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Posts: 118
Reply with quote  #1 
If I understand some comments here correctly, the '52 Fender Telecaster reissue is based on Ted's personal 1952 telecaster.

Has anyone played one of these and if so, how is the jazz sound of the neck pickup?  Were you satisfied with the tone?

They're going for about $1600 which (I'm amazed I'm saying this) doesn't seem too overly expensive if the feel of the neck and the tone is what we expect. (I really can't believe I'm not floored by a $1600 telecaster.  I only paid $650 for my dot neck ES-335 back in '79.  A $1000 electric guitar was beyond belief for most of my life.  Oh well, times and prices change.)

What's your opinion? Is it a good jazz guitar?


Posts: 209
Reply with quote  #2 
Greg, I see there hasn't been a response so I'll chime in.  I had one, purchased new in around 2006.  It was stock and came with a ton of goodies (strap, cable, soft polish kit, tweed case, etc).  It was a stunning guitar to look at, especially as it reflected my love of all things Ted. 

The stock neck tone is not particulary good because it has 'vintage' wiring which basically introduces a capacitor into the circuit on the 'neck' position which rolls almost all of the highs off of the tone.  It is extremely dark and smear-y, but apparently authentic to 1952 (I hear it was to simulate bass guitar).  They do have instructions and parts for wiring it in the more usual way where you get full access to all three pickup switch positions.  I did have it wired this way since it was like the other, more modern teles I had.

The stocks pickups are not bad at all, but I found them not quite as full as I like so I replaced them with a custom set from Don Mare.  The tone of the guitar was really stunning.  I played a wide range of music with it and my old Pro Reverb...from playing w/ an orchestra to a gospel gig.  It, in combo w/ the amp, always sounded great.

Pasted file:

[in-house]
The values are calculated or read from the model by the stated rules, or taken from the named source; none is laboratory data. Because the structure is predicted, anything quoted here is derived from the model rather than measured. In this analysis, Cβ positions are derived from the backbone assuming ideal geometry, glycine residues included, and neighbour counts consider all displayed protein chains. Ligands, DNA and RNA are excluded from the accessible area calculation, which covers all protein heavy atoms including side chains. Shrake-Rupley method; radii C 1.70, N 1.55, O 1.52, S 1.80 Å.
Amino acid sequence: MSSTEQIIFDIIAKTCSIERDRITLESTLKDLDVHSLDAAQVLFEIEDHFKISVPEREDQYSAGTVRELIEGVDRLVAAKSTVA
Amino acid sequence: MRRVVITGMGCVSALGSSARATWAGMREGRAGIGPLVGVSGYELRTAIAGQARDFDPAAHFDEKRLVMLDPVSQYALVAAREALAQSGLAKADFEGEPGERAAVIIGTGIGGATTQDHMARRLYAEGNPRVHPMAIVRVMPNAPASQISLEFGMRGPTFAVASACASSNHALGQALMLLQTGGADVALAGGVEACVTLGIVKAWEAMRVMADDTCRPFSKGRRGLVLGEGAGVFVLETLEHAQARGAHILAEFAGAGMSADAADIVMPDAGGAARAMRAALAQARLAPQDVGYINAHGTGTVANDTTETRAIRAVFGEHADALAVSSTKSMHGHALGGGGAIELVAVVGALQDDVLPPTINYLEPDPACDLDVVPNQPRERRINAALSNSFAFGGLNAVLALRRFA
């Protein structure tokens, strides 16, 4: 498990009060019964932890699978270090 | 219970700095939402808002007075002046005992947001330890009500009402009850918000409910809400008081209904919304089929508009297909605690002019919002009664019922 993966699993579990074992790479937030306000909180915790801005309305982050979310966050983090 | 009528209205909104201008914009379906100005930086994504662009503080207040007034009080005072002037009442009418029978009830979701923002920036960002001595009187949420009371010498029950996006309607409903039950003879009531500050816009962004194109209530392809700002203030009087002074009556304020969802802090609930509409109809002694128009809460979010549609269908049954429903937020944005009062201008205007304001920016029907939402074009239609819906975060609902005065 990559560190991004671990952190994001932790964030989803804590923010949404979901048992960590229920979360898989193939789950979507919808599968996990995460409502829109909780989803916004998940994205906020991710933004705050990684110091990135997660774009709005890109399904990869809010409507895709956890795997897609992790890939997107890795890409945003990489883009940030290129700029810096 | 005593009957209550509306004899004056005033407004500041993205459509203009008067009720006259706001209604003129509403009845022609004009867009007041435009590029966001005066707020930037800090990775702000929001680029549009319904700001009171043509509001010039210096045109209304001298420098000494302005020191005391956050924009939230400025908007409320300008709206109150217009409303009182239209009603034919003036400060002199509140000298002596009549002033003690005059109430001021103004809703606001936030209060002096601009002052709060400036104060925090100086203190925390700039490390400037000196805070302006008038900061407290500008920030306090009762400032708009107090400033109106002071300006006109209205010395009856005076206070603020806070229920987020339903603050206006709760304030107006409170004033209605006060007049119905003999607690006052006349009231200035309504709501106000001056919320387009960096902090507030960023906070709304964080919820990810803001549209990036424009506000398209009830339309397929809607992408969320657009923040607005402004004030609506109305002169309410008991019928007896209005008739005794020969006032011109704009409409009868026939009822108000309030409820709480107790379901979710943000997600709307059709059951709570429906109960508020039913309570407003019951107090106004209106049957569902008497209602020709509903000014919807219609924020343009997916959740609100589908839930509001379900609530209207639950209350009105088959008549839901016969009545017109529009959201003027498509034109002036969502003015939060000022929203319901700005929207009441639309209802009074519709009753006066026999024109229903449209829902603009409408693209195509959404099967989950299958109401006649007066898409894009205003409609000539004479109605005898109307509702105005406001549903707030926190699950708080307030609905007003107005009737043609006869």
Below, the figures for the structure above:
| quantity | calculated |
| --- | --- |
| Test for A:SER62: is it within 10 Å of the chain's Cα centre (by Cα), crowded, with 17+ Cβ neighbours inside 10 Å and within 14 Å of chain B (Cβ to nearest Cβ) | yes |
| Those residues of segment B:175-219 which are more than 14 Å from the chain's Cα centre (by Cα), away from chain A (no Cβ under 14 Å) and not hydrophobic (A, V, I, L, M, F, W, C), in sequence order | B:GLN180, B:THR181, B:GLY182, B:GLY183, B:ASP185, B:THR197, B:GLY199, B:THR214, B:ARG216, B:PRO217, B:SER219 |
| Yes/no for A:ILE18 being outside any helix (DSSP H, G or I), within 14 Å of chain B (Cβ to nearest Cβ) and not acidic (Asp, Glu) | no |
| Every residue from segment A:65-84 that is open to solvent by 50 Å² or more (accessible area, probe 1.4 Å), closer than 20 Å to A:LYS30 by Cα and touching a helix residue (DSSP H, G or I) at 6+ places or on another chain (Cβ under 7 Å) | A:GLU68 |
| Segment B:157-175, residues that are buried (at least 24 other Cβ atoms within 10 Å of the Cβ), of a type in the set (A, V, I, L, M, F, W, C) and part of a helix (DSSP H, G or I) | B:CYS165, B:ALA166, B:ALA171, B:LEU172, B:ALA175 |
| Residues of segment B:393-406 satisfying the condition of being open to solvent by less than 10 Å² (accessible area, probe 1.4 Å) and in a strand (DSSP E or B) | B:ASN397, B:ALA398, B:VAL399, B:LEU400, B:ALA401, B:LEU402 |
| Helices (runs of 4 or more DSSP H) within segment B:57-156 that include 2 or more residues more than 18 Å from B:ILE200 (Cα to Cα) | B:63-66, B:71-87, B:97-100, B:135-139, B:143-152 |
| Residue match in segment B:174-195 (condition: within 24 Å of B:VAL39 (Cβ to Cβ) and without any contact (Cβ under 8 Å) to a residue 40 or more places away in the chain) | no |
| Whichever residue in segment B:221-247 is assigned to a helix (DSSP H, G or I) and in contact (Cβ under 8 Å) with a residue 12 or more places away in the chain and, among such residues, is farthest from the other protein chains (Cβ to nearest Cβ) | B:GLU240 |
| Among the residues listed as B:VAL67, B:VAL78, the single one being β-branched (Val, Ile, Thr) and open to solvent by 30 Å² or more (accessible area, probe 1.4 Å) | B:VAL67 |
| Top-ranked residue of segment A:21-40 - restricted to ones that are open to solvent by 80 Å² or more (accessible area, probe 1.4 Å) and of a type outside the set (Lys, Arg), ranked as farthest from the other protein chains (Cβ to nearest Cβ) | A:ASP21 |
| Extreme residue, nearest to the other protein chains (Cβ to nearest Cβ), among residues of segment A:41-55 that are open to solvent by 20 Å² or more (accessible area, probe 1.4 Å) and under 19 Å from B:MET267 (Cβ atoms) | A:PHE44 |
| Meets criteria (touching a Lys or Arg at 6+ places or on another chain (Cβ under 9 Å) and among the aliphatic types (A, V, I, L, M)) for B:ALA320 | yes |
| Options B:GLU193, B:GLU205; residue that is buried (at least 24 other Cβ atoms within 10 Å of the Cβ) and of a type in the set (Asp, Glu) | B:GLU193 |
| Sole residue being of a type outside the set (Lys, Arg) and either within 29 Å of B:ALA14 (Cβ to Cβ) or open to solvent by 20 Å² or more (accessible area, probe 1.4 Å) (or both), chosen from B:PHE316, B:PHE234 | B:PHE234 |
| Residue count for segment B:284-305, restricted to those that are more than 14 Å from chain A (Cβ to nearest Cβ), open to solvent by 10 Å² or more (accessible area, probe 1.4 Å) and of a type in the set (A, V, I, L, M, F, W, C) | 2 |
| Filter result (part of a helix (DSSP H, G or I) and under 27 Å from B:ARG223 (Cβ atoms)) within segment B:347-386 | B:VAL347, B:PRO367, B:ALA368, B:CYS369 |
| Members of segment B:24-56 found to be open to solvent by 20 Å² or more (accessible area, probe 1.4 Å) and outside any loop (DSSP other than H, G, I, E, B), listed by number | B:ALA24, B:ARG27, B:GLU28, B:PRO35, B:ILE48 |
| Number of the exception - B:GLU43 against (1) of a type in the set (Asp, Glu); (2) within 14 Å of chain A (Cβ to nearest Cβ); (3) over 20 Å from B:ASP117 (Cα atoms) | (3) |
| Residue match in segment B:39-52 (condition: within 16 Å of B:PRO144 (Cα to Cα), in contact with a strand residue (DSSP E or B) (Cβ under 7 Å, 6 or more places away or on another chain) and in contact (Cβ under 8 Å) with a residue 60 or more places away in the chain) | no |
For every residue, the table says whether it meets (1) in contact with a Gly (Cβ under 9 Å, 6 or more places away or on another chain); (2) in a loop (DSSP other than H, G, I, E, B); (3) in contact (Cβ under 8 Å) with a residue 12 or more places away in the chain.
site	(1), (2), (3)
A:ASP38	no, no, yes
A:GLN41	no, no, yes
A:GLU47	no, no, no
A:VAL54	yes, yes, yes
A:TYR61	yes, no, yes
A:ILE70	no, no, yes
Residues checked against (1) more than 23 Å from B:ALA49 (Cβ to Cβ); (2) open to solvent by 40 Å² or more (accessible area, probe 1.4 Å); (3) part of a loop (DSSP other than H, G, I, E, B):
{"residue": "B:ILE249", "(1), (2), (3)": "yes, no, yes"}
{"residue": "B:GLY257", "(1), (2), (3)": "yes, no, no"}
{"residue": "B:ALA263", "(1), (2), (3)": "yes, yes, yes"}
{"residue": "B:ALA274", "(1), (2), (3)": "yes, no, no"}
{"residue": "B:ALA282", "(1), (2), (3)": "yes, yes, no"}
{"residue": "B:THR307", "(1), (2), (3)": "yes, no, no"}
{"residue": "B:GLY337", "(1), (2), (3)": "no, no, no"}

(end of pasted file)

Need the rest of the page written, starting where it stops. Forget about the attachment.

I ended up selling the guitar because of the neck.  It is a very unusual shape, curved and round with small frets.  I developed hand cramps so intense I had to play w/ my thumb off of the back of the guitar neck at times.  It was just too difficult for me to play comfortably and no amount of practicing seemed to make it any better.  I had a '62RI that had the same impact on my hands. 

I still see them in stores and do find myself wanting to get another one, mostly because they just look so beautiful to me.  I play a butterscoth G&L ASAT now which is one of the best guitars I have ever owned.  It doesn't have the cache' of my '52, but it sure gets the job done.

Posts: 118
Reply with quote  #3 
Well, I decided to go a different direction.  Instead of buying a '52 reissue I decided to build my own.  I'm down to the wire now with only the finishing of the body left to do.

It's a bit more straw colored than butterscotch, but the neck came out really well.  I'm looking forward to playing this guy soon.

The pickups are Fender original vintage but I will wire them with a 4 way switch to get both series and parallel combinations.  I put in a 0.047 orange drop cap but without the bleed capacitor that rolled off the high permanently.

The neck came out with the standard 1 11/16" nut width and with the standard taper, but I carved it a bit thinner so it feels more like a "thin flat" neck than a C curve neck.  The neck is dyed antique maple and has an oil finish.  It feels great and I can't wait to play it.

My goal would be to build another one in a true butterscotch blond color and put in Jason Lollar pickups like Tim Lerch's guitar.  I've actually already started building 4 new necks and a 2nd body so yeah, I'm hooked.

In the mean time I still have to finish this guy:


Posts: 209
Reply with quote  #4 
Wow Greg!  I applaud your skill and dedication.  I have neither the knowledge nor the patience.  Heck, I barely have the patience to change my own strings!  Can't wait to see the finished products.

BTW>>You could do much worse than model Tim!
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